Looks like we’ve bitten the hand that feeds us
Worried about overpopulation, pollution, dwindling natural resources and global warming? Well, the good news, according to British paleobiologist Michael Boulter, is that our selfish behavior as a species may not, in the long run, destroy our beautiful planet or most of the life forms that inhabit it. The bad news, however, is that our abuse probably will put an end to most of the larger mammals, in particular us, the soi-disant Homo sapiens, apparently less sapient than billed.
A professor of paleobiology at the University of East London, Boulter has been studying extinction, including the five major mass extinction events that have occurred since the beginning of life on Earth. The largest single factor in each case, he concludes, was radical change in the environment, leaving erstwhile flourishing species suddenly unable to survive. “Evolution,” Boulter explains, “is less to do with winning battles between species and individuals, more to do with being able to live well together in the same environment.”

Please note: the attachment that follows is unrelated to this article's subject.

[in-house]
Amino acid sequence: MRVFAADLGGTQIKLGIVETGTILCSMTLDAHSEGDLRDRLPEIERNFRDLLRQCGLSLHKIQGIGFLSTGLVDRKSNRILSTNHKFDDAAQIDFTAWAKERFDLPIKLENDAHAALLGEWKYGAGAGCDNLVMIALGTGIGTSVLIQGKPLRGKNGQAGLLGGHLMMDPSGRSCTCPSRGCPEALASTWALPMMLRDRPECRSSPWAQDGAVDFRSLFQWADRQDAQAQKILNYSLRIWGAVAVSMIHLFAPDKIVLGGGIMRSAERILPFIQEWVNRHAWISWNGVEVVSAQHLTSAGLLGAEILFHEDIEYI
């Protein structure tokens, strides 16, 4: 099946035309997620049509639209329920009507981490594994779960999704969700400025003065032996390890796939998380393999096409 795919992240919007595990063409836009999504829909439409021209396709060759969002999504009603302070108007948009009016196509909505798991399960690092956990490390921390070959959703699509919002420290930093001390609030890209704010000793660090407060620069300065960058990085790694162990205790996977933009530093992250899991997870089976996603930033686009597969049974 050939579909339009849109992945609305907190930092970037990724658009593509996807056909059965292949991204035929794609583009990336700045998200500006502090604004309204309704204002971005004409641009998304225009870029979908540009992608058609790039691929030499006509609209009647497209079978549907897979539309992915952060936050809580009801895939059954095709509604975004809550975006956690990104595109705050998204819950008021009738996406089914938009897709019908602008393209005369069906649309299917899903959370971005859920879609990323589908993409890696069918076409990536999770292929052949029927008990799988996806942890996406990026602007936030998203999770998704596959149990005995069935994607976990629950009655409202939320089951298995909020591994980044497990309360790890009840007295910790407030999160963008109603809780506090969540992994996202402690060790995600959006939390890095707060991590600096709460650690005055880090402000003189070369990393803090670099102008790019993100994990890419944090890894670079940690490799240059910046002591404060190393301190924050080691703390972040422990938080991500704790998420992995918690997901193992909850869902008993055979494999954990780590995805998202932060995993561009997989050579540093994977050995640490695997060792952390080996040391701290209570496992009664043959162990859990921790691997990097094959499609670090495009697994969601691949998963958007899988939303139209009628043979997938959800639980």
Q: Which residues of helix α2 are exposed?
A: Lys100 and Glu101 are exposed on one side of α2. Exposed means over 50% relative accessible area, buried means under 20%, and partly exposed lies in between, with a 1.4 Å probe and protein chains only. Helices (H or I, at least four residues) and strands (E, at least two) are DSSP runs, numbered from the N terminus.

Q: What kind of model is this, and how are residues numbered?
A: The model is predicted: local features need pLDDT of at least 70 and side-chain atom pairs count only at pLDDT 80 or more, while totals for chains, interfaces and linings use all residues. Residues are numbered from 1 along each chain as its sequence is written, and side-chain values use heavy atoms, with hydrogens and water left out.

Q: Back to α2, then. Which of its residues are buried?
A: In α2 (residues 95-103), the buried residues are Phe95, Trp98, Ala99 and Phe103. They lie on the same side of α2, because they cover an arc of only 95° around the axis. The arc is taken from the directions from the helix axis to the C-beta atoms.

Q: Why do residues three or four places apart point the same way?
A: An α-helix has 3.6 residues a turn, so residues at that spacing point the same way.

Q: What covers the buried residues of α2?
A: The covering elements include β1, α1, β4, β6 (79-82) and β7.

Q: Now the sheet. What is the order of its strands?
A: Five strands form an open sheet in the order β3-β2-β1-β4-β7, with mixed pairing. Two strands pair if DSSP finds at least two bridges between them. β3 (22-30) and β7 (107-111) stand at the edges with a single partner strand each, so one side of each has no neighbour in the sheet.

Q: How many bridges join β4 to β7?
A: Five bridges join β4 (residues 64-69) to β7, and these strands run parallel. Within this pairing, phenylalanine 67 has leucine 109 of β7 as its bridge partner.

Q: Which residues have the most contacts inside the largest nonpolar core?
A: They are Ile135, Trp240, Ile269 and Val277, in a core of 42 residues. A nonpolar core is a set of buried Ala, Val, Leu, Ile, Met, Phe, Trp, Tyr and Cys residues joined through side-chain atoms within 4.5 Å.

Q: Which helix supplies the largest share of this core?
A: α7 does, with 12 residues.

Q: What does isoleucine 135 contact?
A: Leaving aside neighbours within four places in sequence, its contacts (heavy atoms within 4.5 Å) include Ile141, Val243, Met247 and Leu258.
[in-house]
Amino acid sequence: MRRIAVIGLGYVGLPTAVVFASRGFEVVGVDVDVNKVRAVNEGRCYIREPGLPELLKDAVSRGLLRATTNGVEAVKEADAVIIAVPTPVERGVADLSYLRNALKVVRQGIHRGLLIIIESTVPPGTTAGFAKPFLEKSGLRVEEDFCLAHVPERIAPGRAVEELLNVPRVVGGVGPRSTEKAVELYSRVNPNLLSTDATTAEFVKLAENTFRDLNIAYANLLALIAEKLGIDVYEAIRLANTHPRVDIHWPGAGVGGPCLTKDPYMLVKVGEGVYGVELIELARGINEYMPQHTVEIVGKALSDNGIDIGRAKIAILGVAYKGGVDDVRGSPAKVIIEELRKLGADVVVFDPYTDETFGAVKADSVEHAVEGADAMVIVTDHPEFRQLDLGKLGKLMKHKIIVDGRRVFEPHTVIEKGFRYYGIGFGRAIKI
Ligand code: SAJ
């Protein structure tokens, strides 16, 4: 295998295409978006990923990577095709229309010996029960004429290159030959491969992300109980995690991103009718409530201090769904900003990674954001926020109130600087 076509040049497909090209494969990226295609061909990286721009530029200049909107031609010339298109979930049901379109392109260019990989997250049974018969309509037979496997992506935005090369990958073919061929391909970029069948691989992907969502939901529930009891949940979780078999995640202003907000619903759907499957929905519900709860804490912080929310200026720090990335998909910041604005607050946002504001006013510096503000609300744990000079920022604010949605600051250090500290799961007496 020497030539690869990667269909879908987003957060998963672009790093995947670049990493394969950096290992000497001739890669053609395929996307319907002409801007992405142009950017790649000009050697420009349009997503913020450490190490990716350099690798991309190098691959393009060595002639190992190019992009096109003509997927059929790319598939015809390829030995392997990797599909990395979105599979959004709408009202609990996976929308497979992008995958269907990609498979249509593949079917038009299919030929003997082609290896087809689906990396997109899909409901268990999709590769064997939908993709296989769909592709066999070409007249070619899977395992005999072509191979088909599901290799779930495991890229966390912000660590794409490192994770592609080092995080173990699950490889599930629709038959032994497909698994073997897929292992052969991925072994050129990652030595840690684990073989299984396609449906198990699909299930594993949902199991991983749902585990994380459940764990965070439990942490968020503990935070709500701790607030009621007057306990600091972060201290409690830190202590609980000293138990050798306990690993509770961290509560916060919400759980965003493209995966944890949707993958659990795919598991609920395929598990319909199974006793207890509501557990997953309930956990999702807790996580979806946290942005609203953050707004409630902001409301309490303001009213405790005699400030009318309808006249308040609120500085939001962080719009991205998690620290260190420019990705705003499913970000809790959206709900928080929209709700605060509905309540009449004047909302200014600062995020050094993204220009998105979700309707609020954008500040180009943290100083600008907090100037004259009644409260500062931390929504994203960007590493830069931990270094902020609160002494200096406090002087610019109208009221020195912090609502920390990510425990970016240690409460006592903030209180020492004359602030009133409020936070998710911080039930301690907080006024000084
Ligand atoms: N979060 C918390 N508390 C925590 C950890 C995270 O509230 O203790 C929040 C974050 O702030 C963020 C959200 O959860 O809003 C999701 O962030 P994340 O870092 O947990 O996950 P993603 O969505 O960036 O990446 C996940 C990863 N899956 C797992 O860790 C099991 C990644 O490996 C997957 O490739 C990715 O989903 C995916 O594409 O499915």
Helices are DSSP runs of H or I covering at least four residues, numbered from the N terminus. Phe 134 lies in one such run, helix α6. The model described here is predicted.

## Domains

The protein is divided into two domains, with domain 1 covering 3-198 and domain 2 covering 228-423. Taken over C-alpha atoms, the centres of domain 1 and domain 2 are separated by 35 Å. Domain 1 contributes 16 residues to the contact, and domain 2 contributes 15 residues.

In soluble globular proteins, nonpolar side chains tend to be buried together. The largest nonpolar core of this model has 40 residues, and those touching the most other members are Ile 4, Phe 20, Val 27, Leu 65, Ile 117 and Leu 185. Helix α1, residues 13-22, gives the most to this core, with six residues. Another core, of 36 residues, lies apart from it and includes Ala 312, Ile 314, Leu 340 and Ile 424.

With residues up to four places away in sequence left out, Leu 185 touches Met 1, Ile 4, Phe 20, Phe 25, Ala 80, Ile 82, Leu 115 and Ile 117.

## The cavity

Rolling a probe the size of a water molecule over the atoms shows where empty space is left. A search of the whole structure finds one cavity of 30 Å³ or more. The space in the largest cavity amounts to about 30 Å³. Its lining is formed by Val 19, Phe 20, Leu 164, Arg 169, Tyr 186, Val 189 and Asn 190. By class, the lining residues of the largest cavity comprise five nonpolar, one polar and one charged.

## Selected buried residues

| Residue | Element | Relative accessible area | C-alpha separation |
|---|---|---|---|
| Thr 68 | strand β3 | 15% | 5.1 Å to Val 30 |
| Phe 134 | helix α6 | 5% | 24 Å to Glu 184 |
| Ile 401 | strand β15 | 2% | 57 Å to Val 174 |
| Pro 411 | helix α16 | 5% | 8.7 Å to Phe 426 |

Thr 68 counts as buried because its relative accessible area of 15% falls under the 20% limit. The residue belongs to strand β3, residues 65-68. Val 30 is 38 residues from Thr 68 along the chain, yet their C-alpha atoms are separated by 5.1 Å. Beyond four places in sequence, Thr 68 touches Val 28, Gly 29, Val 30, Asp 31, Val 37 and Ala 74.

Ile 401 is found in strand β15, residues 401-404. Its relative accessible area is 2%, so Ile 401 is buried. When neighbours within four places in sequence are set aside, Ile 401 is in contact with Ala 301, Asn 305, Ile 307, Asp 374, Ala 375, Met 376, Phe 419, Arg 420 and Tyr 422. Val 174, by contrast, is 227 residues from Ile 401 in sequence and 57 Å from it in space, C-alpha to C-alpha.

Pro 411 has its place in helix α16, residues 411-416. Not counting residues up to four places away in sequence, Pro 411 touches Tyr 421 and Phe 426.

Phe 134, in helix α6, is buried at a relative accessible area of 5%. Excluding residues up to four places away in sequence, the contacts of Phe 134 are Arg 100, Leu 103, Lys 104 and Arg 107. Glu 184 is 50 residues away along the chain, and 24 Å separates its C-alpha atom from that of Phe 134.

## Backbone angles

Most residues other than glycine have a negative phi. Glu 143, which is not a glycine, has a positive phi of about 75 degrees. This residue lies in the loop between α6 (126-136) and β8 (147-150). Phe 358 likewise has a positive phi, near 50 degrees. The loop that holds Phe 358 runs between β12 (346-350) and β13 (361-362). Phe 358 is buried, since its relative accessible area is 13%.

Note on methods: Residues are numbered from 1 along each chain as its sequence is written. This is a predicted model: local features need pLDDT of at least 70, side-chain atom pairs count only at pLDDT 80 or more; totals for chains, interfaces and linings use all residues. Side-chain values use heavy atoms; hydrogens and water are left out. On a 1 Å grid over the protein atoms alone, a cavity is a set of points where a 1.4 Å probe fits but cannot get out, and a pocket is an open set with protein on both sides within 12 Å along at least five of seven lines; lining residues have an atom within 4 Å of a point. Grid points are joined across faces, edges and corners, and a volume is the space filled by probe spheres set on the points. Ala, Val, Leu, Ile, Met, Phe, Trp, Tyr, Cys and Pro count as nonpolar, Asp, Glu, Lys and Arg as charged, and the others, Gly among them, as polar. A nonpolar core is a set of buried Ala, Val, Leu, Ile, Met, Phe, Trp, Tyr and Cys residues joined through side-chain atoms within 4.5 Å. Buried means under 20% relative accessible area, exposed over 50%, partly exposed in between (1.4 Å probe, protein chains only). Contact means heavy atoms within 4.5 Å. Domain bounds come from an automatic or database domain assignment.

Right now, he believes, we are on the verge of another mass-extinction event. Scientists in almost every field have been finding evidence that our climate, water levels and atmosphere are changing at an alarming rate. In the past, such drastic environmental changes were caused by impersonal forces like asteroids, meteorites or intense volcanic activity. This time, however, the culprit has been man. Our agriculture has been destroying forests and other natural habits. Migration and travel on an unprecedented scale have spread disease and wiped out native species of plants and animals. And our increasing consumption of fossil fuels is causing radical changes in climate.
These, in turn, he predicts, will unleash floods, droughts, disease, famine and wars, along with other unimaginable horrors resulting in the end of the human species. Freed of this disruptive element, other species will eventually bounce back and flourish nicely.